Members of the Congress and members of the administration and distinguished guests:
Ensuring an adequate day care bill for children is an important social service. It protects the well-being of thousands of American children and the economic independence of their working parents.
Earlier this year, I vetoed a bill on child day care, not because I disagreed with its goals, but because that bill, in my judgment, was the wrong means to a worthwhile end. Today, I sign a new and better child day care bill, the result of cooperation between the Congress and my administration, and I thank the Members of the Congress for working with the administration in that regard.
This new and better bill embodies a major compromise on a key issue which led to my original veto. States and localities will be spared the heavy burden of costly and controversial Federal standards for child day care services.
In a different area of social service, I am happy to see that this bill also adopts a concept supported by many older Americans and contained in my Federal assistance for community services proposal. Under the bill, older persons, as well as families who obviously qualify for federally assisted social services, will be able to get those services without a demeaning scrutiny of their personal affairs.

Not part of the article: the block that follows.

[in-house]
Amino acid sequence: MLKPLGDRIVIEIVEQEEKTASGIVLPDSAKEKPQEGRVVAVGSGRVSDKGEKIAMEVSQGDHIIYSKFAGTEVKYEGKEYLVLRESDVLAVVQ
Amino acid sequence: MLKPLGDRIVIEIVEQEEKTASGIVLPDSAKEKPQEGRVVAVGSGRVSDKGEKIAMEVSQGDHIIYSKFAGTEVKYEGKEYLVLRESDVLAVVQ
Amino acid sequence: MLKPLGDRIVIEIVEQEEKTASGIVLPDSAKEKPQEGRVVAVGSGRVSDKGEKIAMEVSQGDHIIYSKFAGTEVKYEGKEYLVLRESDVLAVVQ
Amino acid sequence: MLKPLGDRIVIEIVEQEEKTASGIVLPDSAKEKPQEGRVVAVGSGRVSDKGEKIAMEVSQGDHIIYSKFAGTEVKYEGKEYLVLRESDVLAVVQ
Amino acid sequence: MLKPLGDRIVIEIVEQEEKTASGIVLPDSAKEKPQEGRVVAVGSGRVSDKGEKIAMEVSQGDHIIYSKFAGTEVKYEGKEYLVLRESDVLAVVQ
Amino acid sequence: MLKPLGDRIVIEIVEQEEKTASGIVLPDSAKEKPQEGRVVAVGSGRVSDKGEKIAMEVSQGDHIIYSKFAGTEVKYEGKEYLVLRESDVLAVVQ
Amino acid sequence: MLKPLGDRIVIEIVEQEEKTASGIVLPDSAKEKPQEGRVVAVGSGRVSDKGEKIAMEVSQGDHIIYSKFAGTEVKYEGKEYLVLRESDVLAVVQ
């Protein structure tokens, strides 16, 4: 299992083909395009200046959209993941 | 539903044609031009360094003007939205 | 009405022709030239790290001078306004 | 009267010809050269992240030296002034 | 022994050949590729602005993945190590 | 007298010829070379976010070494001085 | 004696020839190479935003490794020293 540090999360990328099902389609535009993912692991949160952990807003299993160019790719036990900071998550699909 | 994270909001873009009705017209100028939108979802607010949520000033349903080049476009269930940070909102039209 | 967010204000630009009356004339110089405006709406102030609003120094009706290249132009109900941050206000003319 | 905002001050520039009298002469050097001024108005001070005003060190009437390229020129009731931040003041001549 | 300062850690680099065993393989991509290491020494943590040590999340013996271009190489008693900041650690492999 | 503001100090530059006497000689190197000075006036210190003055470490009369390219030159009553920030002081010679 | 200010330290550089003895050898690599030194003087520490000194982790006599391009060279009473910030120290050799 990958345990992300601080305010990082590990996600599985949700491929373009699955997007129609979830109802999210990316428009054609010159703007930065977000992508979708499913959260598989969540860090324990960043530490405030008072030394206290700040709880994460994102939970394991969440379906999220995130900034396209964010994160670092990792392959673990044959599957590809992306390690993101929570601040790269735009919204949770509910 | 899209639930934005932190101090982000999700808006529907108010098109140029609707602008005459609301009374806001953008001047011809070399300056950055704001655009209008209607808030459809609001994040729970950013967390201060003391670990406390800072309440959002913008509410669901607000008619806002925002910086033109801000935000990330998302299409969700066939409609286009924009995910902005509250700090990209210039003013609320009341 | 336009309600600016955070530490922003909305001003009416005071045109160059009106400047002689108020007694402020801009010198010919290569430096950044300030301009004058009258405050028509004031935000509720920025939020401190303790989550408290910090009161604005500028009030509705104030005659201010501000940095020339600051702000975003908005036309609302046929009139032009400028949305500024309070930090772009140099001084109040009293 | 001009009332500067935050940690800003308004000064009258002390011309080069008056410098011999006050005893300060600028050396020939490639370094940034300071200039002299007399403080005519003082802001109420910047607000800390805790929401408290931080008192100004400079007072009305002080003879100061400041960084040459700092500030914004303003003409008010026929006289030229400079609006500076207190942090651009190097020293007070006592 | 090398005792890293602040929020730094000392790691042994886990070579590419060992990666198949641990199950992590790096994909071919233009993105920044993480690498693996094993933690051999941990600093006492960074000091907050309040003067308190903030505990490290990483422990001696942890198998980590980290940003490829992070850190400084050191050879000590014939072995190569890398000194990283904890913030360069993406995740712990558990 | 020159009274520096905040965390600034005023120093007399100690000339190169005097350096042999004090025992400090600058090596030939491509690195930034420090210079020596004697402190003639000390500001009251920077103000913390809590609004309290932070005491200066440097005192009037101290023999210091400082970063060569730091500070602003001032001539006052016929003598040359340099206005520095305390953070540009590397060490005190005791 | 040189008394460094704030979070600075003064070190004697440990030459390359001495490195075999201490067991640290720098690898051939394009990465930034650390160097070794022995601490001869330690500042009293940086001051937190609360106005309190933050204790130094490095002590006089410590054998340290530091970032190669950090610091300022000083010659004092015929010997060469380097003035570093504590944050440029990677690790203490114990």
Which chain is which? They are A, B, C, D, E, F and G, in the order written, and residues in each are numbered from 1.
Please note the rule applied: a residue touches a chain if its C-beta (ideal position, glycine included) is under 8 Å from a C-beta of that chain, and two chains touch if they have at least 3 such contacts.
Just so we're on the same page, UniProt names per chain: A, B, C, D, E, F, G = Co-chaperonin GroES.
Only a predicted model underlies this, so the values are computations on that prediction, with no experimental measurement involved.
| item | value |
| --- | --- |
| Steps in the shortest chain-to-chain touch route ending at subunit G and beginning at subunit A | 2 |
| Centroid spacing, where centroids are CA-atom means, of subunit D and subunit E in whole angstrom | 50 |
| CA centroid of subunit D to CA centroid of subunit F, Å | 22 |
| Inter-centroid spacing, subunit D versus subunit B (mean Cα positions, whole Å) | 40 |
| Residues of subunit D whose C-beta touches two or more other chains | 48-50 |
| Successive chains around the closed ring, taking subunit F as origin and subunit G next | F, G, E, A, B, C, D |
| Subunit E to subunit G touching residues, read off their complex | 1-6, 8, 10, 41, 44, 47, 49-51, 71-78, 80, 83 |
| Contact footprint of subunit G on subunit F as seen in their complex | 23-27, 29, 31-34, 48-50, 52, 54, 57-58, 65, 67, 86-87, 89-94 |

This is a better bill than the one which first crossed my desk, and I am pleased to see the result of this compromise. It's a better bill because my veto exerted a balancing influence on the deliberations of the Congress in this important area. Without this constitutional check and balance, the original bill might now be law and making day care services more costly to the taxpayer and increasing the Federal intrusion into family life.
The constitutional veto power has been used by me as well as my predecessors with one concern in mind--to protect the American people from unrealistic responses to their very real needs, to see that the Federal Government does not merely serve the people but serves the people well.
Thank you very much.